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Old Gibson Flying V Neck Finish

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I have an old black and white Gibson Flying V I have had for 20 years and bought second hand. I was told it was a 1972, but do not know how to verify this. I love the guitar and it plays like a dream... or I should say played like a dream.

Here is what happened. In 1987, I broke the headstock by talking the guitar on a plane and forgetting to relieve the string tension. They through it around because in spite of my original hard-shell case, it snapped. I had it repaired by what was supposed to be a registered Gibson dealer/repair shop in Delaware. Its been fine since then for the most part except for my current problem. The repair shop must have painted the back of the neck when they refinished the headstock. I don't know what they used or if they didn't strip it first, but it is coming off in layers and getting gummy. This is not conducive to quick motion around the neck when playing it.

Does anyone have any suggestions for fixing this problem? If I need to refinish the neck is there a tutorial or site that can give me information on this? The neck is black with a rosewood fretboard. I love this guitar and it is like an old friend so I want to do it right. Thanks in advance for any help/advice.


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Sounds to me like your having a common problem which happens to most of the older and better finished Gibson's when people don't realize how to store them.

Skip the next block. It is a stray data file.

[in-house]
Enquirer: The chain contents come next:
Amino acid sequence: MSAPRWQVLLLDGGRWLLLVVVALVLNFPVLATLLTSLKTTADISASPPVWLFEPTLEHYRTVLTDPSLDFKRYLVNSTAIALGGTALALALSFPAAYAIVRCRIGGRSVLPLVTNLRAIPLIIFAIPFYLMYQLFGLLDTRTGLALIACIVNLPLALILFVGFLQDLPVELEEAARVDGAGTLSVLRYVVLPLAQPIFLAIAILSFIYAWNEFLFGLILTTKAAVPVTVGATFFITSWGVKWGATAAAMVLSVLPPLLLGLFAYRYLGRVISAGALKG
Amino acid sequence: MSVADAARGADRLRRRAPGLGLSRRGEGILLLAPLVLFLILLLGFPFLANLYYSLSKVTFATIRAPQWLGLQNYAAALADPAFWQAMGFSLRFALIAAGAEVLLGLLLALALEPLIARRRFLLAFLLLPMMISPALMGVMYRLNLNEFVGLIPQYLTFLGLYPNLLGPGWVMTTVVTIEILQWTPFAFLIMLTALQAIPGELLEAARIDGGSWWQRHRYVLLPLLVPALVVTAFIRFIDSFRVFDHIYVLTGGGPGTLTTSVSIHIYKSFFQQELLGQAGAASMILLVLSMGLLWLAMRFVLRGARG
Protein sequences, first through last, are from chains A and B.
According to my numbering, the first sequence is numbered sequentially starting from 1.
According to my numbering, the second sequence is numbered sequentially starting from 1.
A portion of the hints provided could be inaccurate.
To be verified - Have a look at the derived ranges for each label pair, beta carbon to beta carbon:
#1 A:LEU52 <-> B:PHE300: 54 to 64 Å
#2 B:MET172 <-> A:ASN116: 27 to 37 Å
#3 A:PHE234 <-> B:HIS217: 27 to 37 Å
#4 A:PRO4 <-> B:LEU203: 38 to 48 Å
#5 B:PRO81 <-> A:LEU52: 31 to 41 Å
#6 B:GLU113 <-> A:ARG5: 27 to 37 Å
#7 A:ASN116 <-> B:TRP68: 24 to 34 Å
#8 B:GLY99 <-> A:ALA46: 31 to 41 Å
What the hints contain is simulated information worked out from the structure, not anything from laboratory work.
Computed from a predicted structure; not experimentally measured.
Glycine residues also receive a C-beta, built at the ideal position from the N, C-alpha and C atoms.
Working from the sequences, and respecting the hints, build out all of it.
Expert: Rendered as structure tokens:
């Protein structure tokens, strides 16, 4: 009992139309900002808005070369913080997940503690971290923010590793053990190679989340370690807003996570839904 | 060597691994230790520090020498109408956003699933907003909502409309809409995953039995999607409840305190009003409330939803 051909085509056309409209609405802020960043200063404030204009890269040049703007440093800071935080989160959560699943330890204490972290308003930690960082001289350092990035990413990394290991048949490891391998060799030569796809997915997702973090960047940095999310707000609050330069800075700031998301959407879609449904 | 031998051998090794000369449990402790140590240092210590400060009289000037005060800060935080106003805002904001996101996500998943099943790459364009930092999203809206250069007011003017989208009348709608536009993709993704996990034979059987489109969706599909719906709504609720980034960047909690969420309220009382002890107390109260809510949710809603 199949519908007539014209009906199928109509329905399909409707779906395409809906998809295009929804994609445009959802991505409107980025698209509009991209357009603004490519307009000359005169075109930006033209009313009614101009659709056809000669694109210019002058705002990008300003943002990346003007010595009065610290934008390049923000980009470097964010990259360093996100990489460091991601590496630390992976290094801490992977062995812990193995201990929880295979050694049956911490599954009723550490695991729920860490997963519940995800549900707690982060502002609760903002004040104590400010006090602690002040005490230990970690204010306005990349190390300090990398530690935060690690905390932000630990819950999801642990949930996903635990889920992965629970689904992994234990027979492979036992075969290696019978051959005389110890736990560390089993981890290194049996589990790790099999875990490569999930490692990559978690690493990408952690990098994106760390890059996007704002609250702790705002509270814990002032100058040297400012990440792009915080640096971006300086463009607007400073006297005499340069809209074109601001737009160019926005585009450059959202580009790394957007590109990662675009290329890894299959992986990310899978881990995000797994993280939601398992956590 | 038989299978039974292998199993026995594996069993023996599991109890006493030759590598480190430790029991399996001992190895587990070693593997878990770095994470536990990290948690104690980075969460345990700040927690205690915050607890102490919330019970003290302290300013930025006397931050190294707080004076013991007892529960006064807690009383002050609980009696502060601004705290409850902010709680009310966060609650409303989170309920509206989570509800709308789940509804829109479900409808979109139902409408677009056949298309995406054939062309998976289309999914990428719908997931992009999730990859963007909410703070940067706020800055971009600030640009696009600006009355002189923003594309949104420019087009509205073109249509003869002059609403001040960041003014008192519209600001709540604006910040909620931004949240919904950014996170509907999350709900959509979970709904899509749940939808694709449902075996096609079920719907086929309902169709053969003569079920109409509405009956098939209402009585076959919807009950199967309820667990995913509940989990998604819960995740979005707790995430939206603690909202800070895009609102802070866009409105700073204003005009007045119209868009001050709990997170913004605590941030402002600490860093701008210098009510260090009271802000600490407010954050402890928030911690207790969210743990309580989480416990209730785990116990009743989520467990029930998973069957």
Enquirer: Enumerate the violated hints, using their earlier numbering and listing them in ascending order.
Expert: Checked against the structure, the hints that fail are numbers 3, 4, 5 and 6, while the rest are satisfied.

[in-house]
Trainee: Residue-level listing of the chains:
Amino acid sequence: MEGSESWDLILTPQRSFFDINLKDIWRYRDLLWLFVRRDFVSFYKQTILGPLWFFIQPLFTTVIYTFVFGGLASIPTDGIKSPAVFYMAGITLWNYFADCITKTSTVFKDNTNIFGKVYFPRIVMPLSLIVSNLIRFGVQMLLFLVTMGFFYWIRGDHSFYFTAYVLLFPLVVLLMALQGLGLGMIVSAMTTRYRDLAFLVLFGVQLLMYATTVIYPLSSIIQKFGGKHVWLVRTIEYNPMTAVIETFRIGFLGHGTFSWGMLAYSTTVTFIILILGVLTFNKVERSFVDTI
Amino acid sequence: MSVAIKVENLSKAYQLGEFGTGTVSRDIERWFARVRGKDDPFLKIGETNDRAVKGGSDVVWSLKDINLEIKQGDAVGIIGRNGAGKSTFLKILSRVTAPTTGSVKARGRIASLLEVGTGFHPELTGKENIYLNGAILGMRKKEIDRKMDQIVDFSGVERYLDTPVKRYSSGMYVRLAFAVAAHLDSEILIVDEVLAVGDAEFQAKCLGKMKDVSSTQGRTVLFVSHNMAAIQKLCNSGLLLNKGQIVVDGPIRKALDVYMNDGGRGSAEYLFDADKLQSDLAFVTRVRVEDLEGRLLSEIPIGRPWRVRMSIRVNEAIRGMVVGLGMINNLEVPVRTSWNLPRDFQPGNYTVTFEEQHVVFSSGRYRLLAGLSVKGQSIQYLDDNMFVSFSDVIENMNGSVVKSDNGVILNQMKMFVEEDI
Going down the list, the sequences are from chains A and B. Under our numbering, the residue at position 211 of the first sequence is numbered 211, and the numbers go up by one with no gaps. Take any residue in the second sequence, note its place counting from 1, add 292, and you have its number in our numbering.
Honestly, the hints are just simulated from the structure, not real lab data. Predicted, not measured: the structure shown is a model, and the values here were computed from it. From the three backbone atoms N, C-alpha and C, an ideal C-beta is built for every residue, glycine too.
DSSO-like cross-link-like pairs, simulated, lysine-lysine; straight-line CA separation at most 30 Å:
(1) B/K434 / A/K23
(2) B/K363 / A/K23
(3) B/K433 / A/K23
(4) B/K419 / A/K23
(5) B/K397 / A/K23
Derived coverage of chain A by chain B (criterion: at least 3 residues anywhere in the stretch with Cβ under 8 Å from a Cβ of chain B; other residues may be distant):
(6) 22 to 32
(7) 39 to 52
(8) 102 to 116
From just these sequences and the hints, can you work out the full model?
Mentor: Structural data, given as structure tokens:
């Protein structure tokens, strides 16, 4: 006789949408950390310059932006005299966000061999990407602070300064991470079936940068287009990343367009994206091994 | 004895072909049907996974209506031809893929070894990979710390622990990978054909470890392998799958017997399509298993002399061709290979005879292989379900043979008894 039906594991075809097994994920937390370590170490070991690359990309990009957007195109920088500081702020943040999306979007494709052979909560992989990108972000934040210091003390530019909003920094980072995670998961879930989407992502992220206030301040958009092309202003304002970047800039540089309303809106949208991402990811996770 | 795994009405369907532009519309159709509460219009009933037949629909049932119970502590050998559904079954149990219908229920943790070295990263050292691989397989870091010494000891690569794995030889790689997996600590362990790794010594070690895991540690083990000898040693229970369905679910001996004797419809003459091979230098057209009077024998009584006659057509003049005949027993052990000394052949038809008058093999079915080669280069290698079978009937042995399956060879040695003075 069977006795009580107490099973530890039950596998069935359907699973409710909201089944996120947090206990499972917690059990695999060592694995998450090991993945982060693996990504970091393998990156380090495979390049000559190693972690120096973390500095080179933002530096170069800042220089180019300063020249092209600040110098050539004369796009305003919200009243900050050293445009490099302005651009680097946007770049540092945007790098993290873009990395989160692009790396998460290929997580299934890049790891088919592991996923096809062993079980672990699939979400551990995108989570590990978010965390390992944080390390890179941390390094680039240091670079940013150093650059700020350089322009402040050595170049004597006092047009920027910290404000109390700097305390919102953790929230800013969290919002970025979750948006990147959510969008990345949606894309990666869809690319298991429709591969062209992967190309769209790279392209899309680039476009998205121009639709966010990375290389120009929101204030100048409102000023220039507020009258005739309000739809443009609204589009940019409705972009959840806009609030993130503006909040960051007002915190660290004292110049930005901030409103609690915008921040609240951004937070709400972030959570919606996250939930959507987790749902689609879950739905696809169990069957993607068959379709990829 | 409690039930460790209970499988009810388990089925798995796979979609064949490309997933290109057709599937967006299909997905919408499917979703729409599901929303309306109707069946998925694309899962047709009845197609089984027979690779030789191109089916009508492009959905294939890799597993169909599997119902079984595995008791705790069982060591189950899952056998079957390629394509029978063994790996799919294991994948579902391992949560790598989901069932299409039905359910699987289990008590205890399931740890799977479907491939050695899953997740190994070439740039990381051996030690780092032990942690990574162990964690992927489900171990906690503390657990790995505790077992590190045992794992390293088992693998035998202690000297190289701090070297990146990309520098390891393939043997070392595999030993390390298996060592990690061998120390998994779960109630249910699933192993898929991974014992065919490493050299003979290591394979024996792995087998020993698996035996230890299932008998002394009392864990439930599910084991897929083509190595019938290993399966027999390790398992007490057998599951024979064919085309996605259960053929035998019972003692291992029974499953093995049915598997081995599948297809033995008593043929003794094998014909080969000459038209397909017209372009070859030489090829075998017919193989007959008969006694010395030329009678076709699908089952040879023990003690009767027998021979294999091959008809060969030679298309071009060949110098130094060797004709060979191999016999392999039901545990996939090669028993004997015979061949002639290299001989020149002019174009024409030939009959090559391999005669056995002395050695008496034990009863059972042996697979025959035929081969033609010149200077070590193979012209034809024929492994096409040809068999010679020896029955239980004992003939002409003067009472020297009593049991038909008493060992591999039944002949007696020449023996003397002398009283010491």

This wouldn't be around the area where it was hanging from a guitar holder would it?

Chances are the original tech did what he was suppose to do when he refinished the neck and shot it in nitrocellulouse lacquer.

A common complaint that happens down the road is it reacts too much with synthetic materials. Guitar hangers, guitar stands, and some guitar straps causing a reaction with the lacquer finish with bad results. The nitro finish is responsible for the common complaint of a sticky neck.

In your case it's actually pealing off in hardend chunks where the layers had a chance to bond and cure for awhile. Truth is when using nitrocellulouse lacquer it never completly dries even 30 years down the road.

Sure to the touch it feels dry but it is still curing and aging at it's own rate. Something has reacted to the finish in that area and what you probably should do is just sand it down and either re-finish it yourself, have a pro do it for you or leave it bear........

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Thanks, Brian for the info. I have recently began hanging it on the wall by a hanger since I finished my home studio and want quick access to all my guitars and basses. However, it sat in its velvet hard-shell case for the last 20 year when I wasn't playing it. The peeling is occurring in the middle of the neck, worse at around the 9th fret and spreading about 3 inches in either direction.

I have never refinished a guitar neck. Are there any good articles/tutorials for doing this out there? I would like to try doing it myself. Thanks again.

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